By acknowledging that James Bond is a relic. He’s a landline in the smart phone era.
Skyfall is so successful because it shows what happens when the cell towers go down. No matter where we get to as a society, no matter how marginalized certain skills become, some of those skills will still be necessary. We’ll always need spelling because without it, language loses meaning. We’ll always need landlines, because sometimes cell towers go out. We’ll always need agents on the ground, because sometimes our cyber tools are not enough.
Time marginalizes everything that isn’t willing or able to change. But, you know what? Not even time can rob the worth of even the most marginalized.
How do we know what is good? Is it by the actual acts we perform or is it relative to the bad we’ve experienced?
Think about the very emblem of what we call good– our heroes. Do we call the guy who rides the train to work a hero? Or do we call the woman who rescues the boy from the well one? The soldier who sacrifices himself for his company? The baseball star who hits a come-from-behind home run? We base the good off the bad we experience. Most things we consider good adhere to this.
If you had a person who did not understand what love was, how would you describe it to him? Is it even possible to describe?
Is love something you instinctually know or is it something you learn how to do? Is it something you show with actions, emotions or words? Does love have to develop over time? Does it have to be tested in both good and bad situations?
Amour is the answer to those questions. But in order for those answers to have meaning, it must show the cruelest of the cruel. Great loss can show great love.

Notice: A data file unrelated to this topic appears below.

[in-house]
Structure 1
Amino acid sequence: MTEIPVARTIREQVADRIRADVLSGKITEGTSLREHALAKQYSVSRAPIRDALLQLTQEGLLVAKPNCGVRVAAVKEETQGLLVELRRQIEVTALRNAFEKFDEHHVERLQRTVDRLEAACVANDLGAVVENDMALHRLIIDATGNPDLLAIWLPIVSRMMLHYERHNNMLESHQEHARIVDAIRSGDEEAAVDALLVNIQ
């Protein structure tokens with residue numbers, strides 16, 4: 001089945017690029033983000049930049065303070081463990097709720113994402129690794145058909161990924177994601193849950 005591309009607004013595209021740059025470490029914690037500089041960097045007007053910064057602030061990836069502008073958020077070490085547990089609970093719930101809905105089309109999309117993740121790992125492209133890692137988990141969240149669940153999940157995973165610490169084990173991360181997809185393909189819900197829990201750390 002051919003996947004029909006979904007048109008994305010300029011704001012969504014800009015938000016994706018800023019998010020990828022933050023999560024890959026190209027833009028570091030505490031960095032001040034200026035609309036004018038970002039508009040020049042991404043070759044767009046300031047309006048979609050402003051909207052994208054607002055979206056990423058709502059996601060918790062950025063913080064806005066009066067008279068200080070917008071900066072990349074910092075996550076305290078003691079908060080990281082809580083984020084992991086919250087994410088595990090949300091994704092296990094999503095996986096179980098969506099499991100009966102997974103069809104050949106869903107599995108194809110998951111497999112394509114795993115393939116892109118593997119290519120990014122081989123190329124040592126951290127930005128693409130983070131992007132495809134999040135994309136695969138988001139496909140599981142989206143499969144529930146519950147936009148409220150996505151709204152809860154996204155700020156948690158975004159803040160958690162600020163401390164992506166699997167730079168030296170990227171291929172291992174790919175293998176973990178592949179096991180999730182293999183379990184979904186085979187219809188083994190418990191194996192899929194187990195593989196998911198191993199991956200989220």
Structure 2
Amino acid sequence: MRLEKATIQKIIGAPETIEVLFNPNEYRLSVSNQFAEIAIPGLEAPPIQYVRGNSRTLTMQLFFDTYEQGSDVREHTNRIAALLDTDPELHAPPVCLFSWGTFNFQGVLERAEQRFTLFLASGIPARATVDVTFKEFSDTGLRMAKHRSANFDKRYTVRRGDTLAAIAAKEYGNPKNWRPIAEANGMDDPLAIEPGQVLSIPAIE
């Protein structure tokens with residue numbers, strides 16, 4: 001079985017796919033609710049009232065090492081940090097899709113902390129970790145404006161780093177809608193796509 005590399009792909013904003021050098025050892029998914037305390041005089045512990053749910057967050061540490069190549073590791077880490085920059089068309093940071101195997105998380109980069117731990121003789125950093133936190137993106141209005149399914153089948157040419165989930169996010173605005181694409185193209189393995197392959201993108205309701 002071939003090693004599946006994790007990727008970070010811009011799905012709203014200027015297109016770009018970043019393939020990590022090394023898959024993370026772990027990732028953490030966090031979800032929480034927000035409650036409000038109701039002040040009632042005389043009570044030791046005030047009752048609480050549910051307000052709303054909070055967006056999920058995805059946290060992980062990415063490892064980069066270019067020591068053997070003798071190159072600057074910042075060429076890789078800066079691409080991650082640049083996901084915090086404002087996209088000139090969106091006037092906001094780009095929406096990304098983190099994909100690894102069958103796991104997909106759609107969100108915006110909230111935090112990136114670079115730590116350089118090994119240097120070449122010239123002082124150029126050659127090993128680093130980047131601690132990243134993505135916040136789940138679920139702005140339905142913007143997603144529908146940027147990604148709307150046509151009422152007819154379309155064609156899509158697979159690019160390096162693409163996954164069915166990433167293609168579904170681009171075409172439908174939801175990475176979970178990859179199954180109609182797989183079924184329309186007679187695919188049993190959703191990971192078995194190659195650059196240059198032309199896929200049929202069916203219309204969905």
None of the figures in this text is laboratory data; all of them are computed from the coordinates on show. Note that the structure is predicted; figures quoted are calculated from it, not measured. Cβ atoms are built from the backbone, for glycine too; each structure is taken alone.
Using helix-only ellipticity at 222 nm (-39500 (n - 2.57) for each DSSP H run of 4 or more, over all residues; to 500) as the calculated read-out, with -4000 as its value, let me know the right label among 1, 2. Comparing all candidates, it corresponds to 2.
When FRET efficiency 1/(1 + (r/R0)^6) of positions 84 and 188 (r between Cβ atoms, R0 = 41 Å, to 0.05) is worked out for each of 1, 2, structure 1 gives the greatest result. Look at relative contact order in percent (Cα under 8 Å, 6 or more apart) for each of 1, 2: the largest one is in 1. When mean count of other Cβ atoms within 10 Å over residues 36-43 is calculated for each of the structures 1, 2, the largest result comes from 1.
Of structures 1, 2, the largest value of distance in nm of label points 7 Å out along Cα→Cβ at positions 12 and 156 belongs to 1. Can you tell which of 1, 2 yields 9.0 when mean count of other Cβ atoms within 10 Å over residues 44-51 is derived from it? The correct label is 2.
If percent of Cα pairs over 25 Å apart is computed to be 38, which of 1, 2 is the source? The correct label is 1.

6. The Cabin in the Woods
Southerners don’t love violence. Americans don’t love violence. Westerners don’t love violence. People love violence. It’s pervasive in everything we do. From the big hits in football, to the nightly news, to Animal Planet documentaries, to, yes, video games, people have a macabre interest in watching things get hurt. Some have learned to repress it better than others, but it’s there in the very meaning of being human. We’re just lucky that people only love violence and not committing violence.
But there’s the question. If we love violence so much, why do we not want to commit violence? Could it have something to do with the aforementioned violent activities? Could it be that football or video games assuage those violent tendencies?
I don’t like to usually come out and say what I think movies are about. But it seems to me that the Cabin in the Woods is so fundamentally misunderstood, that it needs to be said. In addition to being a straight-up horror film, in addition to being a spoof of some of the tropes we’ve come to expect in horror films, it’s a literal interpretation of what we discussed above. Bradley Whittaker and Richard Jenkins’ characters have to satisfy the old gods with violence. They don’t do it to be sick, they don’t do it for enjoyment; it’s done because not doing it leads to the end of the human race. Those characters literally embody the writer/directors of movies, video game programmers, football coaches that create this violence for us to consume. Without them, could the violence committed in our society be ever worse than it already is?